Thursday, September 3, 2009

Will Moldova’s New Coalition Succeed?

by Tammy Lynch

On August 28, Moldova’s brand new parliament elected a brand new speaker – Liberal Party head Mihai Ghimpu. The 58-year-old Ghimpu has been the head of the Chisinau City Council since 2007.

Ghimpu’s election comes on the heels of an opposition victory in the July 29 snap parliamentary elections and the subsequent creation of a majority coalition christened the Alliance for European Integration (AEI).

The AEI favors closer relations with the European Union, particularly with regard to lessoning visa requirements for Moldovans. Both sides also understand that the ongoing issue of smuggling through the separatist republic of Transnistria must be addressed. Finally, the AEI is interested in negotiating with the IMF for assistance.

Before moving forward with EU or IMF talks, however, the AEI must prove itself domestically. This Alliance is the most recent of many; earlier versions have failed. Over the last eight years, under a succession of Communist Party governments, opposition strides were quickly eliminated by infighting, capitulation to the ruling party and political ambition.

In fact, until this year, the work of Moldova’s “democrats” generally has been disappointing. Moldova has become the poorest country in Europe with a population where 1/3 of its citizens are believed to work abroad.

But, just maybe, this year will be different.

The country’s opposition appears to have received a major shove from “the people,” who viewed 5 April parliamentary elections as fraudulent and rose up in protest. The uprisings began a series of moves that ended in the AEI. The protests also appear to have struck fear into the Communist Party for the first time, forcing fairer repeat elections.

The 29 July elections gave the “opposition” 53 of 101 seats and the right to form the government – should the four opposition parties be able to work together.

The election of Ghimpu and a series of well-coordinated statements provide glimmers of hope that the parties may be able to do just that. But, the hard work is just starting.

While the majority coalition has enough votes to name a speaker and prime minister, it will need additional votes from eight Communists to replace Communist President Vladimir Voronin. In Moldova’s parliamentary system, the president is elected by 61 votes.

To deal with this deficiency, Ghimpu announced that the coalition had agreed to nominate former Communist Speaker of Parliament Marian Lupo as president. Lupo resigned from the Party only after the April protests. However, before joining the Communists, he headed the EU’s TACIS program. In August, he claimed that Communist discipline was forced “by repressive measures and fear.”

As if to prove Lupo correct, in response to the election of the speaker, the Communist Party’s leadership insisted all members boycott parliament. This tactic undermines Lupo’s attempts to split the party.

But President Voronin understands the boycott can’t go on forever. This week, he announced his impending resignation – which will happen sometime in the future. He also pointedly threatened one of the coalition leaders: “We will find other ways to deal with you.”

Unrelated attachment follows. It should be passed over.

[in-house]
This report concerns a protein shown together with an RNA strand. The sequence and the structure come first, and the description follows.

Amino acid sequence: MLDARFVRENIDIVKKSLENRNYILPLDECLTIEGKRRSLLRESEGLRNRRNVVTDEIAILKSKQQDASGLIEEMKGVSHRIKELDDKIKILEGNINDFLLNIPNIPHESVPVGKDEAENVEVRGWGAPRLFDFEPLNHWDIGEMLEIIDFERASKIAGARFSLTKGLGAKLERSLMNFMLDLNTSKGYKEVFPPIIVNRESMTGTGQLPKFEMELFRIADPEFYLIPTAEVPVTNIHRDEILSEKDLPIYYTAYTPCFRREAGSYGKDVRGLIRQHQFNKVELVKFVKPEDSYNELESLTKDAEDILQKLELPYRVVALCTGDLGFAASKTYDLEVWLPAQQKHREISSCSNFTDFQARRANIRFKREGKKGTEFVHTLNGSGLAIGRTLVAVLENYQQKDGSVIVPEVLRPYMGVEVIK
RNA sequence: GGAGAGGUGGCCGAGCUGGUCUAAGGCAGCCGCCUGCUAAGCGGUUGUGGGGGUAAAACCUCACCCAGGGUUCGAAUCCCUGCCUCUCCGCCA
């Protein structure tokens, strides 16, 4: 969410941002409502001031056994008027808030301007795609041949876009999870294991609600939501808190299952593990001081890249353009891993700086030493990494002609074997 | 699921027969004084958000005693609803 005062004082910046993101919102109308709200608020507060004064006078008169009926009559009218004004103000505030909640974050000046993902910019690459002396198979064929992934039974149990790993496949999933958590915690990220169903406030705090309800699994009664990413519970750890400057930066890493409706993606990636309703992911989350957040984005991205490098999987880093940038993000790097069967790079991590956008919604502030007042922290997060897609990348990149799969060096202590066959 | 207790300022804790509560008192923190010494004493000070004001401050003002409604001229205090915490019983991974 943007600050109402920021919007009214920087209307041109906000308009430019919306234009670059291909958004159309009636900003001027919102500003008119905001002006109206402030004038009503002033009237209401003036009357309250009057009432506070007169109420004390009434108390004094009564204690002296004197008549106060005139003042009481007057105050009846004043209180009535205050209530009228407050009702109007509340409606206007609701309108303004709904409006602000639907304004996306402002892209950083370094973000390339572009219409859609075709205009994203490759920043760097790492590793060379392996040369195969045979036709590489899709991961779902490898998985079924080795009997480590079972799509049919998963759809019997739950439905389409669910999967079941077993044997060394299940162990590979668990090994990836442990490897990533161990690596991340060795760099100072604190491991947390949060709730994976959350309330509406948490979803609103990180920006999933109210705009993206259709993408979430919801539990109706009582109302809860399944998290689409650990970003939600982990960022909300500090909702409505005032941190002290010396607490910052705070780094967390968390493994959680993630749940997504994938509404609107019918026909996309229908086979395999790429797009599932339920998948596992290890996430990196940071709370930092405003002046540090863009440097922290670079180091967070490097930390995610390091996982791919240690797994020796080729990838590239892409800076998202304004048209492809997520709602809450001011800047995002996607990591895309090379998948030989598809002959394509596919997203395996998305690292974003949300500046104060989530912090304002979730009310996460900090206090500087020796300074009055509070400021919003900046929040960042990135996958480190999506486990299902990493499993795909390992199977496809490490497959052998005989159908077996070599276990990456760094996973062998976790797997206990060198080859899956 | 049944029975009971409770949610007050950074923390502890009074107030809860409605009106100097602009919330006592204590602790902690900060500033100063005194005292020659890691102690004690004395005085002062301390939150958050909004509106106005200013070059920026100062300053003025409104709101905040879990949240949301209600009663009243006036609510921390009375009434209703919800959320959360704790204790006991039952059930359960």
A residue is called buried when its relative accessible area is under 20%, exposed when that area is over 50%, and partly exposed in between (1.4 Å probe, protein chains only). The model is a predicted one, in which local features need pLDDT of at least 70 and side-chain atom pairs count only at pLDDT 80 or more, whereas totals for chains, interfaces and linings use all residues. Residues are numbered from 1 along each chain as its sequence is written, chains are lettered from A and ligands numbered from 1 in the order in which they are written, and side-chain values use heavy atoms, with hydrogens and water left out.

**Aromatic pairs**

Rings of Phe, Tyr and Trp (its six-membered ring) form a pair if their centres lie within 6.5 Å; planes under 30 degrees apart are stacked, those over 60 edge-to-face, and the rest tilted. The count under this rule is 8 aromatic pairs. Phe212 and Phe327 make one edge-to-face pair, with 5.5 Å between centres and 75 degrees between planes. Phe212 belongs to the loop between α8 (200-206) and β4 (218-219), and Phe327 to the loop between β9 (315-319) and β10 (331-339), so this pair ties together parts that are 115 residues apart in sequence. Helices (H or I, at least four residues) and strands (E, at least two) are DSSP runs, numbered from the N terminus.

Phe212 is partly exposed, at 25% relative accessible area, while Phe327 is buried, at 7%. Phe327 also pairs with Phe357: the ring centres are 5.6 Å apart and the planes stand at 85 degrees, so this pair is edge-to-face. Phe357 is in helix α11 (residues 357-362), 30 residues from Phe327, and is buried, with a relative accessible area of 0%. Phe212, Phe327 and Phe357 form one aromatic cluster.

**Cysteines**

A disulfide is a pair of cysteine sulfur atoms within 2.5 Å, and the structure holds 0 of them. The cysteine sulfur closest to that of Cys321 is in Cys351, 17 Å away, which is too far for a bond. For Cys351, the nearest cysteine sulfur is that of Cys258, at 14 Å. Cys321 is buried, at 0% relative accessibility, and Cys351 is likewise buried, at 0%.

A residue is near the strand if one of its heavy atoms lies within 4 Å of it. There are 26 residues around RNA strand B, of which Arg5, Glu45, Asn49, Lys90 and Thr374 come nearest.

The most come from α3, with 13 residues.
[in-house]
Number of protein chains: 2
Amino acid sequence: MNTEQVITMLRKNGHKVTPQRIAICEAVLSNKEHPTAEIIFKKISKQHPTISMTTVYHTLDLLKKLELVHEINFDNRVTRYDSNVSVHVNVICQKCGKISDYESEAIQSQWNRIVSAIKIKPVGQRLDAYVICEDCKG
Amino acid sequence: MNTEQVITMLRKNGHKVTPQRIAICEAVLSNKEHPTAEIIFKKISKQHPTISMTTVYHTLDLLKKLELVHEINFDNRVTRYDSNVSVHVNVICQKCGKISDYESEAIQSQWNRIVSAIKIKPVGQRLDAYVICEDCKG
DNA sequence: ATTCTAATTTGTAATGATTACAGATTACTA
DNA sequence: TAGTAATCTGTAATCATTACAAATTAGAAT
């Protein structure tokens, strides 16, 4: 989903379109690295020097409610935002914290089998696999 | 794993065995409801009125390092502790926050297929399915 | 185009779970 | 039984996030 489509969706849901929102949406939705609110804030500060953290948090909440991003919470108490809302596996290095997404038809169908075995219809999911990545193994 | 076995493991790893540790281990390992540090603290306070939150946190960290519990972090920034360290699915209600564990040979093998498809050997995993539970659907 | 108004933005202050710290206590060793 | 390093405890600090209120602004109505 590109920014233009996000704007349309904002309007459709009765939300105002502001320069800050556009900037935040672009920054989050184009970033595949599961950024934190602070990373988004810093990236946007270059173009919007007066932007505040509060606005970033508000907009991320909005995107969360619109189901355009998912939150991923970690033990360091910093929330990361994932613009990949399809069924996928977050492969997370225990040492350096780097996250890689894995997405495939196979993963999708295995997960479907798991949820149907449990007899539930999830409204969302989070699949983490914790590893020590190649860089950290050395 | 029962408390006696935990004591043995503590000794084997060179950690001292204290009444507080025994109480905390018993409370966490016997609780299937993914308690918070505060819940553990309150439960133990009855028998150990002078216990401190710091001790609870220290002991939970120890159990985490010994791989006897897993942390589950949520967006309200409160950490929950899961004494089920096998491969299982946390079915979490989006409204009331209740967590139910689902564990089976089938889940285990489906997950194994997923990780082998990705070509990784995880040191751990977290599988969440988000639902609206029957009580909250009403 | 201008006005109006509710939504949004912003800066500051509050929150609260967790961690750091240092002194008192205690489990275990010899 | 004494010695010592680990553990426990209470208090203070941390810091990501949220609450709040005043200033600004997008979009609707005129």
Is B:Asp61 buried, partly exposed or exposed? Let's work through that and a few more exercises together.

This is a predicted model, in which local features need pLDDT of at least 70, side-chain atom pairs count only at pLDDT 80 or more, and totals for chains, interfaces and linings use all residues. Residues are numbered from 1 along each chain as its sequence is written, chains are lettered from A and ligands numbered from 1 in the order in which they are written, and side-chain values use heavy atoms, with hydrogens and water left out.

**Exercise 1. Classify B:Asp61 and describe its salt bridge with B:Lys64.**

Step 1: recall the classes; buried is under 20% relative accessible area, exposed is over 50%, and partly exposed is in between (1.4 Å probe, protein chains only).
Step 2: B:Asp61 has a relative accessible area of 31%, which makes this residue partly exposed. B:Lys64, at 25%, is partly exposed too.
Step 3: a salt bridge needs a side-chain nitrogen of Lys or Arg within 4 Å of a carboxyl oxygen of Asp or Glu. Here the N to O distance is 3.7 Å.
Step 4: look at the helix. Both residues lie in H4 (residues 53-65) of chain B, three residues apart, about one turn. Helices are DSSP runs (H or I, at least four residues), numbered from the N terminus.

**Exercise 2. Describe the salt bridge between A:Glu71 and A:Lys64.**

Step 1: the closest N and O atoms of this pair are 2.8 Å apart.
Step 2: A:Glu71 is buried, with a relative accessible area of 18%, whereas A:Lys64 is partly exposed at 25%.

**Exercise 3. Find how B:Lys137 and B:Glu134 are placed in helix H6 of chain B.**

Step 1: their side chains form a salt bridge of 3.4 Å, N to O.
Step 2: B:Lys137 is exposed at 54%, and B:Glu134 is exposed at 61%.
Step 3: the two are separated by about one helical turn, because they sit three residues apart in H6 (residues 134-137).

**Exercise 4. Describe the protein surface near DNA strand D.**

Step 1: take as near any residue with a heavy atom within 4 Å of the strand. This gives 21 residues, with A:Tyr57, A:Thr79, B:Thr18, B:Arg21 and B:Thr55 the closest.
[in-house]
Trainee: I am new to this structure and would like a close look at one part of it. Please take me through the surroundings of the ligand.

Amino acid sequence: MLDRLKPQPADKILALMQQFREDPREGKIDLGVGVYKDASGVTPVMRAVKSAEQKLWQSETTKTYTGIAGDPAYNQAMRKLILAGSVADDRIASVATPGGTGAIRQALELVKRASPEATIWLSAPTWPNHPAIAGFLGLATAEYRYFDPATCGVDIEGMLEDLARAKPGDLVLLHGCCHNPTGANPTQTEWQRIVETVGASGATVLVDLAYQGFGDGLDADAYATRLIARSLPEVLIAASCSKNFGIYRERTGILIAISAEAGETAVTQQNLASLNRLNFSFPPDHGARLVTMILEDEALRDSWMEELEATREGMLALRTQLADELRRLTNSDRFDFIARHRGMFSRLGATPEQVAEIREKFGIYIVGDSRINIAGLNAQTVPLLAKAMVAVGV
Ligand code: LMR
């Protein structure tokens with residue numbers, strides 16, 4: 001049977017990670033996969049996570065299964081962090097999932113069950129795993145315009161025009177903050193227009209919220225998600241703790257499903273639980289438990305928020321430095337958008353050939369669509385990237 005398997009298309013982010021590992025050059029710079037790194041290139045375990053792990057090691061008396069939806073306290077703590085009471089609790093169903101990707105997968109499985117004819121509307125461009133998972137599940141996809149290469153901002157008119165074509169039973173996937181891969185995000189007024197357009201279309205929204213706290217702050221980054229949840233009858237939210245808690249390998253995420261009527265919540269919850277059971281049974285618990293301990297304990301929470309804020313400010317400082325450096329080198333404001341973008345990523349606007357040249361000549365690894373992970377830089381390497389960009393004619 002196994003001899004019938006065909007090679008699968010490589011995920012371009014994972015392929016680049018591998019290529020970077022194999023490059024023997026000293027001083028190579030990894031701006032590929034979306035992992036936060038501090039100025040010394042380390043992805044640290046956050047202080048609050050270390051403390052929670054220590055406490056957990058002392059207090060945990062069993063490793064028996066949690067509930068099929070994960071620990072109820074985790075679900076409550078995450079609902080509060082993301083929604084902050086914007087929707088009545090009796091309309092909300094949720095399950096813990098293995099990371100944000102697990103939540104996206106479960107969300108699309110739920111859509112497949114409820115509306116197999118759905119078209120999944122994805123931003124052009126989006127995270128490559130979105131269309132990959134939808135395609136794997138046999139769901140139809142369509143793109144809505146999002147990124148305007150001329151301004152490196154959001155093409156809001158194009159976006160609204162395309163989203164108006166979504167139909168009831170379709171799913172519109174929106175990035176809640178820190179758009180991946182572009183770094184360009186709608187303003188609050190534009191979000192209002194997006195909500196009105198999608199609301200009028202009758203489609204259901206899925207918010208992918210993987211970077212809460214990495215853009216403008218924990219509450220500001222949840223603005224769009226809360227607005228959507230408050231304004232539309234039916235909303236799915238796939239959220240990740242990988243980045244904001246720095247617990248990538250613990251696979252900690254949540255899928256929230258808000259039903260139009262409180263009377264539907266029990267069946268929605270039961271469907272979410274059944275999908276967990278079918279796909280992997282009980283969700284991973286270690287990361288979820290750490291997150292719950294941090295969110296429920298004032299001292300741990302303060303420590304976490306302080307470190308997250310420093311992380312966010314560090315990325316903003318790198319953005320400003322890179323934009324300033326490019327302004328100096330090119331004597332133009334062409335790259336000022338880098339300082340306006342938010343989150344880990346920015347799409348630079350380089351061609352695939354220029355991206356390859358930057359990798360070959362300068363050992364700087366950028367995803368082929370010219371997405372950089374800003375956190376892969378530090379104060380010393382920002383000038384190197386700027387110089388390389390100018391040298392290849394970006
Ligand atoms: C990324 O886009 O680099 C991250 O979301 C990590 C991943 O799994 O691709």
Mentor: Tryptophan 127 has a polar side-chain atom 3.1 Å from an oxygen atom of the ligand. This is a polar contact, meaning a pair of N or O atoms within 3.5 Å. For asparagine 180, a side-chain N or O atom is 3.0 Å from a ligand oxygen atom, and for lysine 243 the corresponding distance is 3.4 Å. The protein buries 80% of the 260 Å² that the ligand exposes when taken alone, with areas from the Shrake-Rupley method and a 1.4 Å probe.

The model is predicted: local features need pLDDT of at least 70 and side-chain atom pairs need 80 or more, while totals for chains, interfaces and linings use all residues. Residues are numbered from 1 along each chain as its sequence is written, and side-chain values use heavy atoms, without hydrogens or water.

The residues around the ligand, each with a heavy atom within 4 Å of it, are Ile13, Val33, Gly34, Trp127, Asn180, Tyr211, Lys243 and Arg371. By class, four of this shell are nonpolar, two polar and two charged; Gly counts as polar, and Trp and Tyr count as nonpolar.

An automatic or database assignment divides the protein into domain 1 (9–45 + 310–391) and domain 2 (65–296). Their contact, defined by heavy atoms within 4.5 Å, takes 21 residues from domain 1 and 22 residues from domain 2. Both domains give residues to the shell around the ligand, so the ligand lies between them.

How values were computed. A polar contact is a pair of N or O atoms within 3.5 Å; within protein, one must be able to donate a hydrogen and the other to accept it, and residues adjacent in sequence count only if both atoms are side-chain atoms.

So now the questions become - How far with Voronin go to keep his MPs in line? What will Lupo do to find those eight votes? And after a history of giving in, will the opposition finally hold together?


  1. This comment has been removed by the author.

  2. All opposition parties that lose an election claim fraudulent activities, even if there is none or the extent of errors in the conduct of the election would not have effected the overall result. International observers have supported the outcome of the Moldova's elections.

    Moldova like Ukraine is divided.

    Statistically in any re-run election there is a swing of 4 to 6 % to the opposition. Moldova and Ukraine is no exception.

    The main difference in the outcome of Moldova's August ballot was in the consolidation of votes and the fact that fewer voters were disenfranchised by not supporting minor candidates that fell below the 5% electoral threshold. As a result the Communist party representation was much lower in August then in April.

    Moldova like the EU elects its head of state by a vote of its Parliament, Unlike the EU Moldova requires a Constitutional majority of 60% to elect its president. Something that has been denied to Ukraine.

    Moldova would be wise to learn from the mistakes of Ukraine, where its head of State, Viktor Yushchenko, has been engaged in a destructive and divisive power struggle between of office of the president and the peoples democratically elected Parliament.

    Yushchenko, who has less then 4% public support, has undermined public confidence by illegally interfering with the independence and operation of Ukraine's constitutional Court in 2007 causing seven months of political and civil unrest in Ukraine, Yushchenko, in the process further undermined political and economic stability and Ukraine's democratic development.

    It is now incumbent on ALL political parties in Moldova to play a constructive role and to reach a consensus of agreement in deciding who will be Moldova's next head of state.


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